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Adaptation, learning and training for spatial hearing in complex environments

Periodic Reporting for period 2 - ALT (Adaptation, learning and training for spatial hearing in complex environments)

Période du rapport: 2018-01-01 au 2019-12-31

In everyday listening, humans are exposed to multiple concurrent auditory and speech stimuli in complex, continuously changing environments. To correctly extract relevant information, they adapt their processing to reflect the specifics of the current scene, they learn from previous experience and generalize across new settings. The current project advanced our understanding of the mechanisms that the brain uses to achieve adaptation and learning in complex listening environments.
The main objectives of this research program were to 1) combine behavioral experiments, neural imaging, and computational modeling to study neural adaptation to reverberation for speech processing, sound localization and attentional processing in multi-talker environments, 2) develop a brain training computer game module that can enhance the listening capabilities of normal-hearing and hearing-impaired listeners, and 3) organize workshops for students and young researchers to provide them with cognitive neuroscience training related to the consortium research activities.
The main goal of the exchanges was to develop a program of collaborative research, clinical applications, workshops, and training activities that allowed the groups to combine the specific local expertise, special experimental equipment, and technical and methodological expertise available to only one of the groups. Also, the early-stage researchers of the collaborating groups were trained and familiarized with the equipment, methods, and facilities available to only one of the groups, resulting in establishing long-term collaborations among the groups.
The results of the grant allow us to better understand the mechanisms underlying adaptation and learning in complex auditory environments. They are important advancements in the basic auditory neuroscience, but they also help us to better address the needs of special populations, including more effective brain training applications for the rehabilitation of people with auditory processing deficits, development of new prosthetic devices and new virtual reality technologies. Finally, the workshops, training and exchanges of expertise are resulting in the strengthening of the European Research Area and in the establishment of new long-term collaborations between EU and US researchers.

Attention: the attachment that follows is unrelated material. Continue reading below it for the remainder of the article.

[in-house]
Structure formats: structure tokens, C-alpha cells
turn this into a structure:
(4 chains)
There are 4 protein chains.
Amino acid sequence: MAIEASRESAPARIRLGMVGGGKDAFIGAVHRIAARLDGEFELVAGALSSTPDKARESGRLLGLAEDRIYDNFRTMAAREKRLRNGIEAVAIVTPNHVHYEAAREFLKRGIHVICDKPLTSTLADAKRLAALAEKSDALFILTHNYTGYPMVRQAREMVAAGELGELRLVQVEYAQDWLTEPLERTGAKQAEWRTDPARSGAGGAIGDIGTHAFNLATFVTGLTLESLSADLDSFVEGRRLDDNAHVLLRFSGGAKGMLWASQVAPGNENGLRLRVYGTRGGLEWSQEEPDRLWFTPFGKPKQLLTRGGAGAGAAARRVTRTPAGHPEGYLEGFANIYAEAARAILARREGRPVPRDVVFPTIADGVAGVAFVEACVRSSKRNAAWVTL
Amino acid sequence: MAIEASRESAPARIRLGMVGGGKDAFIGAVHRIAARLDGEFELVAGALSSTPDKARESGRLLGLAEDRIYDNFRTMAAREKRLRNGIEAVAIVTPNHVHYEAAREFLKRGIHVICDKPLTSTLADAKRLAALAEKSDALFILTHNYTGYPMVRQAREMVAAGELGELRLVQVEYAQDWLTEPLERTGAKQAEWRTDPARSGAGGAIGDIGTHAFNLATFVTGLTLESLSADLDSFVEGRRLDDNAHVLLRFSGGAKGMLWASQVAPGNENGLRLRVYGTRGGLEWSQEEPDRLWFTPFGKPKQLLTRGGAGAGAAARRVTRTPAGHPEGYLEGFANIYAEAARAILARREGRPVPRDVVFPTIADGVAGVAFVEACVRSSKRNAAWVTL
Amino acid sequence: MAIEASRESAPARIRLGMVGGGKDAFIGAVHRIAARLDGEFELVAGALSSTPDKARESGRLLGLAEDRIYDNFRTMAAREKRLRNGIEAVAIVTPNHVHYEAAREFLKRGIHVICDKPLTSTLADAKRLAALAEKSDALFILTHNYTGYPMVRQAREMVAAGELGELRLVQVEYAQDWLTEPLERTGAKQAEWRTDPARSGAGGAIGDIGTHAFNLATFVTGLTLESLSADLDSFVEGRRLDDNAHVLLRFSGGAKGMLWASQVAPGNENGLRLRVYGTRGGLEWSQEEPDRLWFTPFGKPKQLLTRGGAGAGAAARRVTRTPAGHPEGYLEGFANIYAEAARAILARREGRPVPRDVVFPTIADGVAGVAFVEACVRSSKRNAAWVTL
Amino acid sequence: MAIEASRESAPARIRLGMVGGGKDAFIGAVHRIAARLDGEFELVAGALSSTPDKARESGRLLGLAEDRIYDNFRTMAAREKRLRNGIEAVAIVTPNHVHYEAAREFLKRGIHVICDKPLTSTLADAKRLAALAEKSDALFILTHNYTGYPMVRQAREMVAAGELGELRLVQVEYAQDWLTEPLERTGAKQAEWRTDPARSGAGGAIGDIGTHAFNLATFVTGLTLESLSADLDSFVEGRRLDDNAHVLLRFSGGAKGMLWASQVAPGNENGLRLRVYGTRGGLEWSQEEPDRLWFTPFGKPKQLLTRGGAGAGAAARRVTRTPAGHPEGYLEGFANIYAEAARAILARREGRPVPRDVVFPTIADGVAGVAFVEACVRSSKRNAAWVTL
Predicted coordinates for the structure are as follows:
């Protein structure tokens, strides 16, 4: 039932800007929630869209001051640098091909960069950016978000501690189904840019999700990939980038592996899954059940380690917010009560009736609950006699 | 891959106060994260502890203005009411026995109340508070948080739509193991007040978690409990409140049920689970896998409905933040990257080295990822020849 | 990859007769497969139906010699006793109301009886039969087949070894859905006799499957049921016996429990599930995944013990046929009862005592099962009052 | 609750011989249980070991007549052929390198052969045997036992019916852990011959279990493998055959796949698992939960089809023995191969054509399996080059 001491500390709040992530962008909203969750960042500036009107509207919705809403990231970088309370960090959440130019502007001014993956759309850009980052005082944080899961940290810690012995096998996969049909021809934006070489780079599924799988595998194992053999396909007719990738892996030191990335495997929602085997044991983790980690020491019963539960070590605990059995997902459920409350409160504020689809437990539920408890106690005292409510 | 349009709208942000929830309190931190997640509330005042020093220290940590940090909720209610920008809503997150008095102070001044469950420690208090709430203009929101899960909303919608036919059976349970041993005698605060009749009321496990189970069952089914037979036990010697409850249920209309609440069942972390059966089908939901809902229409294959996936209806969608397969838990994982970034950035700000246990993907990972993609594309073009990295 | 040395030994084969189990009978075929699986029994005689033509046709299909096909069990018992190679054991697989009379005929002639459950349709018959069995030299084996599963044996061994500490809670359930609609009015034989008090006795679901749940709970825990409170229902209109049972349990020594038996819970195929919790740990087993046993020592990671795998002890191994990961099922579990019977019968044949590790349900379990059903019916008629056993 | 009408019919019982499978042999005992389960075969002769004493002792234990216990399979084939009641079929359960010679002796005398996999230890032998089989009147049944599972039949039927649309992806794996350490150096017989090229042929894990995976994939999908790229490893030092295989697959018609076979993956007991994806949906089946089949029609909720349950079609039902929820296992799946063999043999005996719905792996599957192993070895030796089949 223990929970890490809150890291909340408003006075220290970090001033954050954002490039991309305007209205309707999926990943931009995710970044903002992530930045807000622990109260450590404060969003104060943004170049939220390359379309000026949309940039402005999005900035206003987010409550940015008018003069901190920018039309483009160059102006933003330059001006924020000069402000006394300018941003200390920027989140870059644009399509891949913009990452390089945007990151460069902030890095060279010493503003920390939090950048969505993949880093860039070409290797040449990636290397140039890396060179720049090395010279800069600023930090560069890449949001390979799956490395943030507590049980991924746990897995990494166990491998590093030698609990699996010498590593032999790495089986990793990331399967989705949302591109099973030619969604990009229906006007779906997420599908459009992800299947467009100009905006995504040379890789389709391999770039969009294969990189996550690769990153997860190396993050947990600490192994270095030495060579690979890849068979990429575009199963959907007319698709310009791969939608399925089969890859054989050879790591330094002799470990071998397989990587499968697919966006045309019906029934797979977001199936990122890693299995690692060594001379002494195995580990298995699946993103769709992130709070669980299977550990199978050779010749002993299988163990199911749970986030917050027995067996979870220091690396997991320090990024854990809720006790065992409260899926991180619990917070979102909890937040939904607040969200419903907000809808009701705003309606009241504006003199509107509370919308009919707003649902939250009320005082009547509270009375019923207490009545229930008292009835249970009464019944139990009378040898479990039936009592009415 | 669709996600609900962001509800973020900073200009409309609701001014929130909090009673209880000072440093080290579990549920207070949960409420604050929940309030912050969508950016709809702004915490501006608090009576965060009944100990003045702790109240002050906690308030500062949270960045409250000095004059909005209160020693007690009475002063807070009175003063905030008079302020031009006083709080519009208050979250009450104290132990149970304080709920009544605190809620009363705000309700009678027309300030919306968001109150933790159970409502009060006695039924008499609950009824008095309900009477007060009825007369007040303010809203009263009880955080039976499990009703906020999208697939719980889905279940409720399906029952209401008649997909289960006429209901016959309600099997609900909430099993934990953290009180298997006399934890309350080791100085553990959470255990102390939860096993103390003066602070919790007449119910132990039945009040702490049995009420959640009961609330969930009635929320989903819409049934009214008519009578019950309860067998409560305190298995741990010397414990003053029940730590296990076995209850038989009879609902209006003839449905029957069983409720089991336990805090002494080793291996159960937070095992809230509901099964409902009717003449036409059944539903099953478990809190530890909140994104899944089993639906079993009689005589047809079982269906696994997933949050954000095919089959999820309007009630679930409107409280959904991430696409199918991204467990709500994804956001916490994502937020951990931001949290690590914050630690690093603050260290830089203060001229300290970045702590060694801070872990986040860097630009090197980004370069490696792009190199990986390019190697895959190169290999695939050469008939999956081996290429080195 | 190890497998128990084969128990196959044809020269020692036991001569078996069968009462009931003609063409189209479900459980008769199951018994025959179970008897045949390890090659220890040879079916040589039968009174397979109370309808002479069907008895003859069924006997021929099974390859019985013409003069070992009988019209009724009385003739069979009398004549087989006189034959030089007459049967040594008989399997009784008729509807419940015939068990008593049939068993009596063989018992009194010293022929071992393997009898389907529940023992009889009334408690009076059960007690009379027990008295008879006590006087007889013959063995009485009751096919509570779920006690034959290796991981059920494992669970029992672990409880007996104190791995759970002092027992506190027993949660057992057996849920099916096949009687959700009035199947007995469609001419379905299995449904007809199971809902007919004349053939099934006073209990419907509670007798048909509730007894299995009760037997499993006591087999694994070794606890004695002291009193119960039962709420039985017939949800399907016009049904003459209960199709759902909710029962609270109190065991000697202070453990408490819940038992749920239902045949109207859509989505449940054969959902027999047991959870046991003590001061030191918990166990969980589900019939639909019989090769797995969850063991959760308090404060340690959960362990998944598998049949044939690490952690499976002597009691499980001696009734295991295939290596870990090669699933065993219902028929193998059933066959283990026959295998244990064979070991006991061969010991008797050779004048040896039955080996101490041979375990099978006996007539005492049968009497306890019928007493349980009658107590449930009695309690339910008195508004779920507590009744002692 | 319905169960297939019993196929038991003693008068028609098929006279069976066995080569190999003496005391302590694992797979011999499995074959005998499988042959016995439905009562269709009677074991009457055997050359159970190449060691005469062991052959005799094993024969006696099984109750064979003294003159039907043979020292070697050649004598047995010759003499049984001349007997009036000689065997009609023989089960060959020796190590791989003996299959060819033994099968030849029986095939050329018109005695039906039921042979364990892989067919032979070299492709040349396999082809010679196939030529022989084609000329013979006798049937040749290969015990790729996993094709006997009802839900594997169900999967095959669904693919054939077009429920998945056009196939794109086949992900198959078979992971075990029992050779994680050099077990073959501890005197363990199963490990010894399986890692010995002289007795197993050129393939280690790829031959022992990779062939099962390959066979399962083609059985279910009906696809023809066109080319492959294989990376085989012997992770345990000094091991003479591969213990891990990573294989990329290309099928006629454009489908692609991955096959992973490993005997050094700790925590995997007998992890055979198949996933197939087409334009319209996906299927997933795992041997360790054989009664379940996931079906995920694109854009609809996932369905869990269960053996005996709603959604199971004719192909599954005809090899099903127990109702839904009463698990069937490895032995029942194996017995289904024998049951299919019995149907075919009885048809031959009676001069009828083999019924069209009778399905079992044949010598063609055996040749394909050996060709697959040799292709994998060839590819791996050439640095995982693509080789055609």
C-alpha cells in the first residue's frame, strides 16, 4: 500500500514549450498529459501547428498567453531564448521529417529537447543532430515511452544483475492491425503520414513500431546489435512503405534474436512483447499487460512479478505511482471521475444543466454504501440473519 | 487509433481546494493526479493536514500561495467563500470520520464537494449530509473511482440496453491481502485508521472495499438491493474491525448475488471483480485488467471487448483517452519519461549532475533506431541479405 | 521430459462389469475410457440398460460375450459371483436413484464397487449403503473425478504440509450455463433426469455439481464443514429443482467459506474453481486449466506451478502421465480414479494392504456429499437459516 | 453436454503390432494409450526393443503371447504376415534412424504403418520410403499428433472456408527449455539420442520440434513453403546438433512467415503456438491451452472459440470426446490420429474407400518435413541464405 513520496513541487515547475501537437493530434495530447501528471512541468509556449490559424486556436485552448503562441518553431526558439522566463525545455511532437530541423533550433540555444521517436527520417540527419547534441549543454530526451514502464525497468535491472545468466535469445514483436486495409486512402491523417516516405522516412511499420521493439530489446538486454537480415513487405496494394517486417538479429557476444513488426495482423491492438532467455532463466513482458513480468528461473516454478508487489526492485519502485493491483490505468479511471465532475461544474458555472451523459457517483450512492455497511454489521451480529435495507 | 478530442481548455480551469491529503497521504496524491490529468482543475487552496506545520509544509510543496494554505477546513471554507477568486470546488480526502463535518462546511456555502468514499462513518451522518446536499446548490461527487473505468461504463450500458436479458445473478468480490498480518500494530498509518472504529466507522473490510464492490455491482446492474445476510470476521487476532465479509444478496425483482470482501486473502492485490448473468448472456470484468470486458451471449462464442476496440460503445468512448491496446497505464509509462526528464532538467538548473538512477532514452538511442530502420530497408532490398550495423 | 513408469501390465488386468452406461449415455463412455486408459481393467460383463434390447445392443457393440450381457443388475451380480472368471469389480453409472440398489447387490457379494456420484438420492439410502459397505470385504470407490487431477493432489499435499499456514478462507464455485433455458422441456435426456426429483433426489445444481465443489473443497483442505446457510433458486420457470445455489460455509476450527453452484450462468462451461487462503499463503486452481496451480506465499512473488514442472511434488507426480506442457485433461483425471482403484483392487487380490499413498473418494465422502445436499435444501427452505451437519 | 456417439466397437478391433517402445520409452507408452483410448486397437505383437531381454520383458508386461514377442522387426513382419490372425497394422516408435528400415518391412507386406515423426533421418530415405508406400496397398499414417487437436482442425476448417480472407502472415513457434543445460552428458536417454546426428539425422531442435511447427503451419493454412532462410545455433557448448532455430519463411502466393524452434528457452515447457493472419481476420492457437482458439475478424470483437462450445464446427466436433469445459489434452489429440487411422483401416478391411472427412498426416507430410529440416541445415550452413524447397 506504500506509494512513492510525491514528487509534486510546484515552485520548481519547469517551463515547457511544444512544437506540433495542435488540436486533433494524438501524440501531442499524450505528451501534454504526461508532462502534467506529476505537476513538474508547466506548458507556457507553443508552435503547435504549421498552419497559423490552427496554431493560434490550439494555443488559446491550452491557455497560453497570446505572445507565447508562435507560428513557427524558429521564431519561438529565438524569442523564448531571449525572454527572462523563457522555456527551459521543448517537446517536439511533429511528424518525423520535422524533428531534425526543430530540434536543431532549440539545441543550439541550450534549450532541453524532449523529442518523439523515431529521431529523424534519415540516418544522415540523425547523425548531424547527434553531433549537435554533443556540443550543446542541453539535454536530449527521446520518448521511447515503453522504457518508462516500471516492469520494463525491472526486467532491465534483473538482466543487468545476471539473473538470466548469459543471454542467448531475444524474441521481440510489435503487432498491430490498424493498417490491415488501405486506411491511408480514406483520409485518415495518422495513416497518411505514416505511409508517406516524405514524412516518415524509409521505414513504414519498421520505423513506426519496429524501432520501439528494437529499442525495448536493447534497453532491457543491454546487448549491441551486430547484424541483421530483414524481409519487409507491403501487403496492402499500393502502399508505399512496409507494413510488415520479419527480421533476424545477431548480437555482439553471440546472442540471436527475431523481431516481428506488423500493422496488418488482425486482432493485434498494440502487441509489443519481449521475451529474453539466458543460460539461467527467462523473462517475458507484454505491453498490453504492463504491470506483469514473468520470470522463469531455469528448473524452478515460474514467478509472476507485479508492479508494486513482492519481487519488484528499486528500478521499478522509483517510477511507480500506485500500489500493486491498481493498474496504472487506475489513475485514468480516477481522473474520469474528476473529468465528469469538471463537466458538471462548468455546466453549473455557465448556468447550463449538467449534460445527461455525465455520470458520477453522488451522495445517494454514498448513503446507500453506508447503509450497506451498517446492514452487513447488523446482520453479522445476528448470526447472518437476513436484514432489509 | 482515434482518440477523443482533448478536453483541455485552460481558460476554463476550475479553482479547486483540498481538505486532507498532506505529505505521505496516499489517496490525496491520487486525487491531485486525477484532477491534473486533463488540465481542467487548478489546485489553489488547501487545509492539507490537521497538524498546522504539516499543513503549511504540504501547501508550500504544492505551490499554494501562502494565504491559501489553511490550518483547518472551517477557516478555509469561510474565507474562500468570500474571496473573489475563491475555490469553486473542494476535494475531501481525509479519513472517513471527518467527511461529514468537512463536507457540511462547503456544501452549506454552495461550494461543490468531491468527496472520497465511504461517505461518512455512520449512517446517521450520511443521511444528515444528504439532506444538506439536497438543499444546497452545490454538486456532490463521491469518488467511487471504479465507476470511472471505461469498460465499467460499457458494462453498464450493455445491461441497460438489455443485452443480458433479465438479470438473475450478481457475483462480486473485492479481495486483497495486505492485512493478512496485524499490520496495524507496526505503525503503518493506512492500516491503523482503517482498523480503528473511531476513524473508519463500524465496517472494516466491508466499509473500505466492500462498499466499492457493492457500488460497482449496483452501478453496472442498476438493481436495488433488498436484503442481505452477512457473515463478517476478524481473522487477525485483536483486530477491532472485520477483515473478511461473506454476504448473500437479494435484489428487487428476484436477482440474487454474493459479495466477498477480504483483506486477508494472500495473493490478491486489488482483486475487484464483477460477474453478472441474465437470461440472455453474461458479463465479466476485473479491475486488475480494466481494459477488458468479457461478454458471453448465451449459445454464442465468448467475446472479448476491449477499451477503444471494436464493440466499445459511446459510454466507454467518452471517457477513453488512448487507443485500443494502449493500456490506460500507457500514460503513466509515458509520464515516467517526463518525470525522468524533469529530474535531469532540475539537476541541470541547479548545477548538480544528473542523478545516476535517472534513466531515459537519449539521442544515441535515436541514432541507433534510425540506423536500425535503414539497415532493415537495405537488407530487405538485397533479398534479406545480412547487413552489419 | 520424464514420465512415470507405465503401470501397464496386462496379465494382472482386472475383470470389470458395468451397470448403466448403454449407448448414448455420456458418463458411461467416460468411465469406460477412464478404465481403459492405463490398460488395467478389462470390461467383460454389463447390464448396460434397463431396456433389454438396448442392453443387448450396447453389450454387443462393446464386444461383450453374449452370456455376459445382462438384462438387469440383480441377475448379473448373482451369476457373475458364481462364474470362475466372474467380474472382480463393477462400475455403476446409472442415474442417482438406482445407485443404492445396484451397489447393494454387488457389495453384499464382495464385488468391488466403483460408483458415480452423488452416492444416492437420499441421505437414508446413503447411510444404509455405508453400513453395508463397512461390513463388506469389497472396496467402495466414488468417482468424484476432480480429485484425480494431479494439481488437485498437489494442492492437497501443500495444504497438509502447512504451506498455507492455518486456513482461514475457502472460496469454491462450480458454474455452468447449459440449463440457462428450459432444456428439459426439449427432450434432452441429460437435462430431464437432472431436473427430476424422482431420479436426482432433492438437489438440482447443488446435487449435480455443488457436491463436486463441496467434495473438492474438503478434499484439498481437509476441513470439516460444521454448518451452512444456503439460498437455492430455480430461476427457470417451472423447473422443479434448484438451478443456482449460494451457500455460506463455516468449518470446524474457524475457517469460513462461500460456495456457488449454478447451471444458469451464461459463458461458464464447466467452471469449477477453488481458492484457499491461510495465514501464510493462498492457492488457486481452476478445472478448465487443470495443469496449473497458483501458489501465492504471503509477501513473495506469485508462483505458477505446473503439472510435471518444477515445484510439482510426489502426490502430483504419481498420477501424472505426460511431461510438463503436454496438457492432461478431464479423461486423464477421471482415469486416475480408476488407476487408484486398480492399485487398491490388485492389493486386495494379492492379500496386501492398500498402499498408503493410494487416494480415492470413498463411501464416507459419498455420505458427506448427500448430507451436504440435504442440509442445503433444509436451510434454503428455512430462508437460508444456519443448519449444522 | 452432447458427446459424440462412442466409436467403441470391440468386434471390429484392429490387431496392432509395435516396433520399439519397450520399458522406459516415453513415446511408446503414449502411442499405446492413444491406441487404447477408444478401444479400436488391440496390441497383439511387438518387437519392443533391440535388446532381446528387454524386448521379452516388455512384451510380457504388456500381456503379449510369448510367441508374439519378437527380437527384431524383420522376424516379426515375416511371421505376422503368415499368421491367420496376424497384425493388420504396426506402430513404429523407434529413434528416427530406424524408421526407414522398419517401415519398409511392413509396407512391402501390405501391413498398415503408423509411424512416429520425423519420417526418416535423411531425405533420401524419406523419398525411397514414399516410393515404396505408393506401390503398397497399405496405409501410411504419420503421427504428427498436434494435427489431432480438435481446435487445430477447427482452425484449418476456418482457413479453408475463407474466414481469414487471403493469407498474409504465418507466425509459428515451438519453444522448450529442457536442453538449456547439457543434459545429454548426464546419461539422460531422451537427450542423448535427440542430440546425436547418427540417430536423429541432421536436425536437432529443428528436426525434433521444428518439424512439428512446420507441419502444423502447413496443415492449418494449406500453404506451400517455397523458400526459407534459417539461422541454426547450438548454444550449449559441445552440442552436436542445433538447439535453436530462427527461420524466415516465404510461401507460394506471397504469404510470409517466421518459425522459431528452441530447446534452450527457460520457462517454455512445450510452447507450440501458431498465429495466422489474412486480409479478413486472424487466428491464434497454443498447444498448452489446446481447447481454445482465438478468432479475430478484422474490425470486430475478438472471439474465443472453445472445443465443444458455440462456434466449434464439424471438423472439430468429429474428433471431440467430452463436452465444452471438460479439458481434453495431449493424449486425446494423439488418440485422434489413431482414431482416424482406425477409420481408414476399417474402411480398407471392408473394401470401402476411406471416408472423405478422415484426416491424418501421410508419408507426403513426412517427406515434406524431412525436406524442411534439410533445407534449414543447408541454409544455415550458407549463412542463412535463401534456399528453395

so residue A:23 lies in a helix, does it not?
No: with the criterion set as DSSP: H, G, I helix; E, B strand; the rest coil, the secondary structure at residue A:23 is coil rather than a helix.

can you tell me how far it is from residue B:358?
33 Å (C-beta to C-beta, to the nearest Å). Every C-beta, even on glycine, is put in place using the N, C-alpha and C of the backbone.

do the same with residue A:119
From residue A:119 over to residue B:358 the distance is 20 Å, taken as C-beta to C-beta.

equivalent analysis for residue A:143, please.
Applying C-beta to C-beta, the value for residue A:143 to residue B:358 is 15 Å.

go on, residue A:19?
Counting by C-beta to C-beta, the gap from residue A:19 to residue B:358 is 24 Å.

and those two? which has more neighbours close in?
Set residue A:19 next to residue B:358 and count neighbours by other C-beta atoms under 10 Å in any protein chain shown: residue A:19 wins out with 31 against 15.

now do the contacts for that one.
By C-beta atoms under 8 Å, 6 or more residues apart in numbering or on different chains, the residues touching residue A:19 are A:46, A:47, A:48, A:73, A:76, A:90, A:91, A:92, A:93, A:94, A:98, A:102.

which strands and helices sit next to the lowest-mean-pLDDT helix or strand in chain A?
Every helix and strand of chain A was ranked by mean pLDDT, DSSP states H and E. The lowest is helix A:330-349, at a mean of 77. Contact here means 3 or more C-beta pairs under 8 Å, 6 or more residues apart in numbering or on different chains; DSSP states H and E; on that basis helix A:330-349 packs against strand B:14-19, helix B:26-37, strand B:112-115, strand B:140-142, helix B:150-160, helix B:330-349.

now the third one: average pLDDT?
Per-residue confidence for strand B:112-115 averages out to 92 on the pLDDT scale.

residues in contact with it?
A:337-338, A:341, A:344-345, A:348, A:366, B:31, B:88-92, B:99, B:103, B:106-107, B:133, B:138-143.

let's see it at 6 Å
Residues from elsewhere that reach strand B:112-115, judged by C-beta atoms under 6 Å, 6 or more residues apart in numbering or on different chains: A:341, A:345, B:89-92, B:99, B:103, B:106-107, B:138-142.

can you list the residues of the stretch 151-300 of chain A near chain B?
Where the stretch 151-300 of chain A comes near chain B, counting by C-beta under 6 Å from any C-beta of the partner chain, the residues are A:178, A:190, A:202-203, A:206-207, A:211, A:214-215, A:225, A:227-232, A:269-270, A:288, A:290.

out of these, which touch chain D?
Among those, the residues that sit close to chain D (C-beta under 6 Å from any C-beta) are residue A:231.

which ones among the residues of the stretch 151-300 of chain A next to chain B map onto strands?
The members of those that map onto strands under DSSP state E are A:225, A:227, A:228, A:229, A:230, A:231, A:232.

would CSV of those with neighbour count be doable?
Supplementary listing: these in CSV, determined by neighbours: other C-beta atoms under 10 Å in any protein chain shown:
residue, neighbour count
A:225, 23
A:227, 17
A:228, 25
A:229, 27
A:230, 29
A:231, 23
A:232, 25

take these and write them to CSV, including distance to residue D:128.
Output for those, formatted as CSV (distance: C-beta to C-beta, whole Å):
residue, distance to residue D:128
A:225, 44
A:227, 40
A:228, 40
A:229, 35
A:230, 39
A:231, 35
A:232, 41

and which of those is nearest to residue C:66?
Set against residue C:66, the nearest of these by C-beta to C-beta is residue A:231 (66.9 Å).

The work performed achieved all the key objectives of the project and the main conclusions are described below separately for each work package.
WP1: Adaptation to room reverberation for speech perception
We performed two studies that examined how the brain adaptation to new acoustic environments influences speech perception and learning of new phonetic categories. In the first study we showed that the normal-hearing listeners benefit from previous exposure to speech in a consistent room, but that when the room is switched, the adaptation to a previous room has a negative impact on speech understanding in the new room. In the second study we showed, using a simple computer game, that the brain can learn new phonetic categories spontaneously, i.e. without direct training, when these are presented in different reverberant environments, but not when they are presented in a single environment. Fig. 1 illustrates the results of the second study.
WP2 - Adaptation to room reverberation for distance and horizontal perception
We examined adaptation processes in auditory distance and horizontal sound source location perception. In the WP2 studies on distance perception, we 1) identified the brain region encoding the distance of sound sources (Fig. 2), and 2) showed that auditory distance perception is calibrated by vison such that the vision-induced adaptation is dependent on whether the visual adaptor stimuli are closer or farther than the auditory stimuli. In the WP2 studies on horizontal sound localization we performed a series of experiments showing that the representation of horizontal sound source locations is strongly adaptive based on the preceding stimulation and on the attentional state of the listener, and we identified some electrophysiological correlates of these adaptive/attentional processes.